0 thoughts on “farewell twitter”

  1. Never gotten into twitter, but your comments about the cool kids resonate. I can pretend that someone is reading the blog even if they don’t read comments, but if no one is following me well then that pretty much sums it up doesn’t it. I don’t need something else to make me feel inadequate. I have children and cats for that.

  2. I’ve pretty much ditched mine, for 2 reasons: the one you said about only having so much to say and if you blurt it all out on twitter, what will you blog hmm? and also I found it so noisy. People tweet while they’re watching telly, tell you what their every meal is, list their errands for the day. It was kind of fun at first but then I just felt a bit fatigued. I haven’t got as far as deleting it, because of the woman’s prerogative, and I did pop in and play for a bit just this week but I really really relate to your post on this.

  3. I’m still hung up on the gold atms. Do the owners/entrepeneurs behind such, twitter?
    I have the gloomy feeling that they are going to own and run the world, while we turn into twittering birdbrains.

  4. You are a very concise wit, I thought twitter would be your forum. I cannot do interesting/amusing stuff in 140 characters but none the less I poke about to get the low down on what is happening – I think I might be an eavesdropper, actually.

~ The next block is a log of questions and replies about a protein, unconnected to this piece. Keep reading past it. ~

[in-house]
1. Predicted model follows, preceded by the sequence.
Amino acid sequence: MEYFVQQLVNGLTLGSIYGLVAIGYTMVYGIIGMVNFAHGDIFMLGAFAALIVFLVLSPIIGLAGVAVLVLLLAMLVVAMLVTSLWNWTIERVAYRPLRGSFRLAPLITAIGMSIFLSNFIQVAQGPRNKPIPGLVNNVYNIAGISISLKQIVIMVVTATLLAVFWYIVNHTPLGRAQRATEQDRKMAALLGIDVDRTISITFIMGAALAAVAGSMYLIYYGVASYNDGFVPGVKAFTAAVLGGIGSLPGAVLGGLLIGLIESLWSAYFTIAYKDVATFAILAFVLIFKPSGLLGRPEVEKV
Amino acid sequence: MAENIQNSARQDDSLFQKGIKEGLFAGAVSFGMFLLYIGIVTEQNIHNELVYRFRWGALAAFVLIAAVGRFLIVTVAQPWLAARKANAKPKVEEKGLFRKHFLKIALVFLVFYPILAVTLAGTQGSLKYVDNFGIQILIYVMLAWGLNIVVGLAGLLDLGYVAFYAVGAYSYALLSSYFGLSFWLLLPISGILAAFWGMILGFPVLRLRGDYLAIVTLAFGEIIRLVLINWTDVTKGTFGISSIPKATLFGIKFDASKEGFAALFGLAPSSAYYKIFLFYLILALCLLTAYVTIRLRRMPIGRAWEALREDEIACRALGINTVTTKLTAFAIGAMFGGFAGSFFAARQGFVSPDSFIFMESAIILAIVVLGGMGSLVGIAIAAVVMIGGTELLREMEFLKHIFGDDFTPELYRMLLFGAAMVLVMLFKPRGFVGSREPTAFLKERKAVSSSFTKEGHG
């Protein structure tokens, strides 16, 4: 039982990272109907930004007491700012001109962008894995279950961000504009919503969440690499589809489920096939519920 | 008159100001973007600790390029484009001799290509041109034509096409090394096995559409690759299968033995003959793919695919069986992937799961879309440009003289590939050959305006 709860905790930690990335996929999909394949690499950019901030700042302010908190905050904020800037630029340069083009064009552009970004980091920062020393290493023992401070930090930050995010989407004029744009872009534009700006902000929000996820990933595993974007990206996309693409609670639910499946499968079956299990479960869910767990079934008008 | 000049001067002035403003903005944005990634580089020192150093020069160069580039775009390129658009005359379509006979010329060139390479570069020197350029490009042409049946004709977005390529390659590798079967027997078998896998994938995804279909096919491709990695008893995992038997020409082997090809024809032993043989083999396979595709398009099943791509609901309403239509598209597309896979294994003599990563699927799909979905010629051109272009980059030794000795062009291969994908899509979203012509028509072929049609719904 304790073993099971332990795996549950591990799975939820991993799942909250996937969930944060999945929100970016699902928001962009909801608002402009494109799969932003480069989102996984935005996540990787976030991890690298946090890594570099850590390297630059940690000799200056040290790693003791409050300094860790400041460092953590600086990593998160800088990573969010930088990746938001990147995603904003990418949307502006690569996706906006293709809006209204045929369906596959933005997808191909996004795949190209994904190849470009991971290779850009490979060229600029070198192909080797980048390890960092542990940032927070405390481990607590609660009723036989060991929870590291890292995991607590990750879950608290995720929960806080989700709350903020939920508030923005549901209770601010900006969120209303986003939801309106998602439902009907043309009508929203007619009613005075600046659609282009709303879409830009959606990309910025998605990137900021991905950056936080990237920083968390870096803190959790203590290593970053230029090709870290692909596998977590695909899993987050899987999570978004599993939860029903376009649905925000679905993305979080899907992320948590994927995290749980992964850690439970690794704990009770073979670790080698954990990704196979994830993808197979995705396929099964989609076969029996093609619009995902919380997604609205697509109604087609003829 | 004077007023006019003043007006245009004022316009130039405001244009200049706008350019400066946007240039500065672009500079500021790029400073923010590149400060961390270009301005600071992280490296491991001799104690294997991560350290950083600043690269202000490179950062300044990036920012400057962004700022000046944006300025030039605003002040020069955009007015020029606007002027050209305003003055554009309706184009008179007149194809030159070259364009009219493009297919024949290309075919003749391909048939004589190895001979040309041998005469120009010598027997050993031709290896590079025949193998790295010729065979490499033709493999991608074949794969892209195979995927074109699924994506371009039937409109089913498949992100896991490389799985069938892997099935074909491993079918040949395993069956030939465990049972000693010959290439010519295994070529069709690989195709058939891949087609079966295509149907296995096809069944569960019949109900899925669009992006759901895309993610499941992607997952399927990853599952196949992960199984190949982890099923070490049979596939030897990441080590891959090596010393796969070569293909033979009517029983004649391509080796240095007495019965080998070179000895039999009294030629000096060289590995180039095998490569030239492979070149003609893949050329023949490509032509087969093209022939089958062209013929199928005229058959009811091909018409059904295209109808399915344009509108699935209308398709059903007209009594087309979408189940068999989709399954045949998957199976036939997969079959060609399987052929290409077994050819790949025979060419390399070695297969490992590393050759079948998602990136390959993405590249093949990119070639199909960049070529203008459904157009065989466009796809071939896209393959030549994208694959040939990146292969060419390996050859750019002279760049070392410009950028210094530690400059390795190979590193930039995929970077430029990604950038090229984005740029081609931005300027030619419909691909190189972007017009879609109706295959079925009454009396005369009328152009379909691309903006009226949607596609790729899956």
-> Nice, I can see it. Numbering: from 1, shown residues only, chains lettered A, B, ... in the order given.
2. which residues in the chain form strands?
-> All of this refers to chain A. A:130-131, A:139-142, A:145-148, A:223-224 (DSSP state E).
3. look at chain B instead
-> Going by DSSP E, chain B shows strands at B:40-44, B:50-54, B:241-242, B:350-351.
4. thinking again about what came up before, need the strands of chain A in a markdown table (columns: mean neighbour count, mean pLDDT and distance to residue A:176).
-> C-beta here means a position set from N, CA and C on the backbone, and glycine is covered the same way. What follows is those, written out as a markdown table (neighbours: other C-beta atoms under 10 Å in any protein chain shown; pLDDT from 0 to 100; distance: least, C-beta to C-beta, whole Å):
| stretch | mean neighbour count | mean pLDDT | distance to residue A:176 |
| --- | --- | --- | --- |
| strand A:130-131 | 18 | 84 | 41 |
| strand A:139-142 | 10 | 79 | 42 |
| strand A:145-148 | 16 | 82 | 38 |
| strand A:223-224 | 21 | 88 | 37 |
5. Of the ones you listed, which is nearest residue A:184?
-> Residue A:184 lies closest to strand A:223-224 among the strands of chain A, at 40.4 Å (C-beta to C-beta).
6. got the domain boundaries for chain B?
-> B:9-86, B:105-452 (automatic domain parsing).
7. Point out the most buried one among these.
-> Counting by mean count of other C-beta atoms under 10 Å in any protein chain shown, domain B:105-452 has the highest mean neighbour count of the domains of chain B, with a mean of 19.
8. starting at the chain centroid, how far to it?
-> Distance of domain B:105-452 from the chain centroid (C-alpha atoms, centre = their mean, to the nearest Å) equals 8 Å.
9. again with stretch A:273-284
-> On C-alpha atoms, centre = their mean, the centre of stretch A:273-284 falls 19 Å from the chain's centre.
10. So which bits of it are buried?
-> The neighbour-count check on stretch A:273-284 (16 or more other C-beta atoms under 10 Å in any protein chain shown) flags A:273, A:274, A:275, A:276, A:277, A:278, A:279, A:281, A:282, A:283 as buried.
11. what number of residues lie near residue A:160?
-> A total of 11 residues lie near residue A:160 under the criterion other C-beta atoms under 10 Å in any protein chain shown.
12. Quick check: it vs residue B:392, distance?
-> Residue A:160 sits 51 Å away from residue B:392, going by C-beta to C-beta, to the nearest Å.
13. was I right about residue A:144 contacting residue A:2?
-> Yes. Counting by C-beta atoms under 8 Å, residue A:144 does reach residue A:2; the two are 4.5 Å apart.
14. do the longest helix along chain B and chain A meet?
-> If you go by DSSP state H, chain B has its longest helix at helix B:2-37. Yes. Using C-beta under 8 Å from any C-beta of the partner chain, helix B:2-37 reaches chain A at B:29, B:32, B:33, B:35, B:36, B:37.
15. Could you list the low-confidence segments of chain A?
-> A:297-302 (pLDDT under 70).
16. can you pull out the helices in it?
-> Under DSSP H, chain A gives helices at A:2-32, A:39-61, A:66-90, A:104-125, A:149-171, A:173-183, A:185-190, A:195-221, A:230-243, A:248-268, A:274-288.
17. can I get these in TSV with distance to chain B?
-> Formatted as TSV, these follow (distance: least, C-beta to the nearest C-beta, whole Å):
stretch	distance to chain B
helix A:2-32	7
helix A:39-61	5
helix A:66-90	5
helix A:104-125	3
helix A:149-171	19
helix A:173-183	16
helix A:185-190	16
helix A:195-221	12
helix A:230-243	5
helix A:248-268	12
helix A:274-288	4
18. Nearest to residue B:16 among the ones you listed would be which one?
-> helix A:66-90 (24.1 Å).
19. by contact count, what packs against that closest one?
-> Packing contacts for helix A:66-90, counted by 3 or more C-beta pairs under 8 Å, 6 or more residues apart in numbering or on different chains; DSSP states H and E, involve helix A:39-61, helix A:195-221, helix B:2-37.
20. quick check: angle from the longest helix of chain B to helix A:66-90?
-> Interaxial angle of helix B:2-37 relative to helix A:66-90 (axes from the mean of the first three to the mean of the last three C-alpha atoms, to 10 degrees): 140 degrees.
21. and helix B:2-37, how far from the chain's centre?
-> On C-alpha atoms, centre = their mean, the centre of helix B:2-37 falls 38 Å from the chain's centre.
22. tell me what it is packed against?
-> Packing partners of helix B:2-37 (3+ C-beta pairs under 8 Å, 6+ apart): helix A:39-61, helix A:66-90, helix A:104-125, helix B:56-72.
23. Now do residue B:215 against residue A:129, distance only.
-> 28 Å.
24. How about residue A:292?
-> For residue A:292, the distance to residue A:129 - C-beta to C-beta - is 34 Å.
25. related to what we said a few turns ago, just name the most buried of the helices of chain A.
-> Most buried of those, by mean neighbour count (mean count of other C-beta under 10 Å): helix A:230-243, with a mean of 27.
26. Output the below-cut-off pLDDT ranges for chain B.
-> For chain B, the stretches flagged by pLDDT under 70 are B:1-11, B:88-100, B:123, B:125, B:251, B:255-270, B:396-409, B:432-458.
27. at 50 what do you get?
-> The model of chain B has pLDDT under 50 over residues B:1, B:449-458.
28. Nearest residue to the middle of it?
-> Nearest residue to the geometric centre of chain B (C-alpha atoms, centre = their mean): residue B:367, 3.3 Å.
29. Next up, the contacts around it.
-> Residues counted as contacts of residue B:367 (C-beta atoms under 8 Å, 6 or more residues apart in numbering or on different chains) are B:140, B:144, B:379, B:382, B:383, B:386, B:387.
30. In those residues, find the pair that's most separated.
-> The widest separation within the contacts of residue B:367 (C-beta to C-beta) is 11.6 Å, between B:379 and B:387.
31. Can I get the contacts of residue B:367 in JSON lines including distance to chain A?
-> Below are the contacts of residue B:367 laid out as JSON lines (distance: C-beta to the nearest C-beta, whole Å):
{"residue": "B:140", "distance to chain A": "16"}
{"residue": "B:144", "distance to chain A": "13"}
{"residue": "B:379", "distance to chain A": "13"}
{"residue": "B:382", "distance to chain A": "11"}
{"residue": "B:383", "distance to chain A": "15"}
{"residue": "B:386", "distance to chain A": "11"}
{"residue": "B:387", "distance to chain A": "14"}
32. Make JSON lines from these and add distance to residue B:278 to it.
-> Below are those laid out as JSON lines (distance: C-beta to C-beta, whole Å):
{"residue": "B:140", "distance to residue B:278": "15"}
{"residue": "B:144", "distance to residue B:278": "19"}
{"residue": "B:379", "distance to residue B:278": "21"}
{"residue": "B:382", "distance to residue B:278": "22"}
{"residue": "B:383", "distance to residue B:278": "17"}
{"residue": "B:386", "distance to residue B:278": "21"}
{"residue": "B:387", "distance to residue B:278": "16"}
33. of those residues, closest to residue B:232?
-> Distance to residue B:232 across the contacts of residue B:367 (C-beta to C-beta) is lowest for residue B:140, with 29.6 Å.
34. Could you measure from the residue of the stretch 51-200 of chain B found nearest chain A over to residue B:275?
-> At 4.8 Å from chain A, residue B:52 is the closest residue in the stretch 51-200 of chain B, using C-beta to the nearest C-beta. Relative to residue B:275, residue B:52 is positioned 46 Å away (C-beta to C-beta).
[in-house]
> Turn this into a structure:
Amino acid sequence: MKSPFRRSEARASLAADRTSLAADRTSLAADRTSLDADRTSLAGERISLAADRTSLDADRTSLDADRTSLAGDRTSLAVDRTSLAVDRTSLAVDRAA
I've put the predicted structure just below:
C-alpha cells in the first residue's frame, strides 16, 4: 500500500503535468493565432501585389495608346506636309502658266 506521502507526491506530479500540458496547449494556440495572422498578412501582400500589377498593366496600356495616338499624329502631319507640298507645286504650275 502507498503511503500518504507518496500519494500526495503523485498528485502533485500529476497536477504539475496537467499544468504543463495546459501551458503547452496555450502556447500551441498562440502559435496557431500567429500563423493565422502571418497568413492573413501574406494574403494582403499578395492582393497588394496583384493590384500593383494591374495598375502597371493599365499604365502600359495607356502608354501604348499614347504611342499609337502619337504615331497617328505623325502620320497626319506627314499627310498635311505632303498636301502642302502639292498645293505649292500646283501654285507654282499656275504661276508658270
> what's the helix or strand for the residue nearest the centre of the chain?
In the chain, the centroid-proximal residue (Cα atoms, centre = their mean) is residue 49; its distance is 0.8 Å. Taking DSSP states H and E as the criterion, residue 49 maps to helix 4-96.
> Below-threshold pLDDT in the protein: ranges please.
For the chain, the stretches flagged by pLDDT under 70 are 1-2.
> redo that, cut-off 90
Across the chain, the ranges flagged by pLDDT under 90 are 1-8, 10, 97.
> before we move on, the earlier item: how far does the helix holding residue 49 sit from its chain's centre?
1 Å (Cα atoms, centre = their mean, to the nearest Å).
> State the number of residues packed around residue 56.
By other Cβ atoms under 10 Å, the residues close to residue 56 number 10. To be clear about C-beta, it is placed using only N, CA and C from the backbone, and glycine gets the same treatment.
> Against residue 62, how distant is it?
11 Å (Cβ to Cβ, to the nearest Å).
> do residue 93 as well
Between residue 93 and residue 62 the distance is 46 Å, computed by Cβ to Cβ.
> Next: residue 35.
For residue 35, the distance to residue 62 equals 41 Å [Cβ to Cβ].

I can see that a time delay makes a big difference though. I can see that if you’re always on when everyone else has been and gone that this would get a bit dull.

  5. twitter, i think, is for those who are more interested in tweeting about life than living it. therefore, well done.

  6. Agree with blue milk – you have m4d sk1llz at being excellently concise.

    Twitter has quite lost its lustre for me also (I’ll admit I was rather fond of it in the beginning, as with all shiny new things), am just hanging on for my imaginary friends (the peeps whose blogs I have adored for many, many years) and a handful of bands I adore.

    Oh, and the occasional rant (like the A-Team movie – what the hell?!?)

  7. I joined up in order to work out how to do it because I had to for my job. But I don’t like the fact that the people I follow, if I click on their profile, are having all these cool and funny conversations with other people, hidden away, and not replying to me at all.

    I too seem to have the 40/ 16 thing going on.